By Eric London
27 October 2017
Bowing to pressure from the Central Intelligence Agency and Federal Bureau of Investigation, the Trump administration delayed the release of thousands of documents related to the assassination of President John F. Kennedy in November 1963 in an announcement last night.
An additional batch of thousands of less sensitive documents related to the assassination was released online last night at 7:30 pm, in accordance with a 1992 law that scheduled documents for release this year.
The New York Times reported, however, that “following a chaotic last-minute campaign by intelligence agencies lobbying for selected redactions, Mr. Trump agreed to postpone the disclosure of other documents while officials screen them again for sensitive information.”
In a bizarre memo released yesterday, Trump said:
“Executive departments and agencies have proposed to me that certain information should continue to be redacted because of national security, law enforcement, and foreign affairs concerns. I have no choice—today—but to accept those redactions rather than allow potentially irreversible harm to our Nation’s security.”
Later, Trump’s memo reiterates that “this temporary withholding from full public disclosure is necessary to protect against harm to the military defense, intelligence operations, law enforcement, or the conduct of foreign relations that is of such gravity that it outweighs the public interest in immediate disclosure.”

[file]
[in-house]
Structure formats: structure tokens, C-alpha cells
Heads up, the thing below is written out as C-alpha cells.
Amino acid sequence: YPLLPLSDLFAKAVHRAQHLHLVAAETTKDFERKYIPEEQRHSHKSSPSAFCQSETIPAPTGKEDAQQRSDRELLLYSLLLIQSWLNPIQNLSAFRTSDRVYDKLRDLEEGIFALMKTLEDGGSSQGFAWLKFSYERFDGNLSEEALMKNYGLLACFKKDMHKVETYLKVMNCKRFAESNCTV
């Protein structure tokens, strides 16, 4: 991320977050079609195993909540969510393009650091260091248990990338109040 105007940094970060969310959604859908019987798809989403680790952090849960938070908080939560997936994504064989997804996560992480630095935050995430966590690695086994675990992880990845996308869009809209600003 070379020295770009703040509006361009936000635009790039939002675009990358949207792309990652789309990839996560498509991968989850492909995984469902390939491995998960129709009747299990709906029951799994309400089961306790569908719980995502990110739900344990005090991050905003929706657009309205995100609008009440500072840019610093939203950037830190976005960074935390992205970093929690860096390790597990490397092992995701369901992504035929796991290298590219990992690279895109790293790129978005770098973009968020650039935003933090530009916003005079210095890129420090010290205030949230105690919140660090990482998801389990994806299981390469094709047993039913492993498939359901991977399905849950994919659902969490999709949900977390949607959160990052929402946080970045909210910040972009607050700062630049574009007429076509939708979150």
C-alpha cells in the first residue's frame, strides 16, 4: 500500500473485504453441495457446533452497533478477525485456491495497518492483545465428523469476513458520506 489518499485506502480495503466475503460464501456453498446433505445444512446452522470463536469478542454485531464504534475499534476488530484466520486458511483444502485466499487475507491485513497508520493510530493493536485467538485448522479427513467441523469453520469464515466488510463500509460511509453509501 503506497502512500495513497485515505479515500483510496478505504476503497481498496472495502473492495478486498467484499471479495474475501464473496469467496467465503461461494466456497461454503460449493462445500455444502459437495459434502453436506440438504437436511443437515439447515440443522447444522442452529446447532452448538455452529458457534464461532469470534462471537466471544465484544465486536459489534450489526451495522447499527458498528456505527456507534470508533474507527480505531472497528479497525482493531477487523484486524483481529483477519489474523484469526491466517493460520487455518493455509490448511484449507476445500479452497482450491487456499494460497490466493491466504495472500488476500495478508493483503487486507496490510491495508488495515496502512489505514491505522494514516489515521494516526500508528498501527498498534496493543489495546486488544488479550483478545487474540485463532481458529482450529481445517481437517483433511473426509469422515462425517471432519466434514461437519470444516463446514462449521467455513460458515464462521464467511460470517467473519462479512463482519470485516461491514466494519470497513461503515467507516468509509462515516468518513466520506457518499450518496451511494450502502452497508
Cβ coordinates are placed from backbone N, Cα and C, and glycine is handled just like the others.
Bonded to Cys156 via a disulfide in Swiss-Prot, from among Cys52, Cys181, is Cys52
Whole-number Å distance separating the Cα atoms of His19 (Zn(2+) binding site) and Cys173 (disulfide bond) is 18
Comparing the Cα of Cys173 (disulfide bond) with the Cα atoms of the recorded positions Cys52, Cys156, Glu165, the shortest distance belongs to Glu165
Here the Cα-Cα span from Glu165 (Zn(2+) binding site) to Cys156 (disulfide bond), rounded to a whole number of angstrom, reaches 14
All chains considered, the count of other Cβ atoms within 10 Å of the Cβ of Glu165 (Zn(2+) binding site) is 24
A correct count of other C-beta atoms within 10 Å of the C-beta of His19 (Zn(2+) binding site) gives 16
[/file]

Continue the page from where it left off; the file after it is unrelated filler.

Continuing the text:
CBS News reported that a CIA source told it that “the CIA wants to protect the identity of CIA assets and current and former CIA officers, as well as intelligence methods and partnerships that are still relevant.”
Claims by the Trump administration that information related to the assassination would jeopardize “foreign affairs” and “national security” raise many questions as to what the intelligence agencies want to hide, both in relation to the assassination and to the broader international and domestic schemes of the CIA, which President Lyndon Johnson himself called “Murder, Inc.” shortly after Kennedy’s death.
According to a statement cited in the Washington Post by Trump ally Roger Stone, pressure for Trump to withhold release of key documents came from CIA Director Michael Pompeo.
Stone said Wednesday, “If the data dump that the National Archives did in July of a small amount of JFK-related material is any indication, the fallback of the intelligence agencies appears to be redact and withhold as much of this information as possible. They’ll use the broad rubric of national security. If the censorship is so great to make the president’s order meaningless, it’ll get litigated in the courts.”
The overall document collection includes hundreds of thousands of pages from over 3,100 documents previously unreleased to the public. For years, the intelligence agencies have blocked release of information related to the assassination. One week after the shooting took place, the Johnson administration established the Warren Commission—headed by Chief Justice of the Supreme Court Earl Warren—to investigate the assassination.
Johnson informed Warren that the commission had a “patriotic mission” to stamp out “dangerous rumors” of the government’s or CIA’s involvement in the assassination. In 1964, the Warren Commission released an 888-page report that concluded that Lee Harvey Oswald acted alone and had no relationship to the intelligence agencies or other parties. Many have criticized the Warren Commission as a cover-up.
Gallup polls show that over 50 percent of Americans believe Lee Harvey Oswald did not act alone.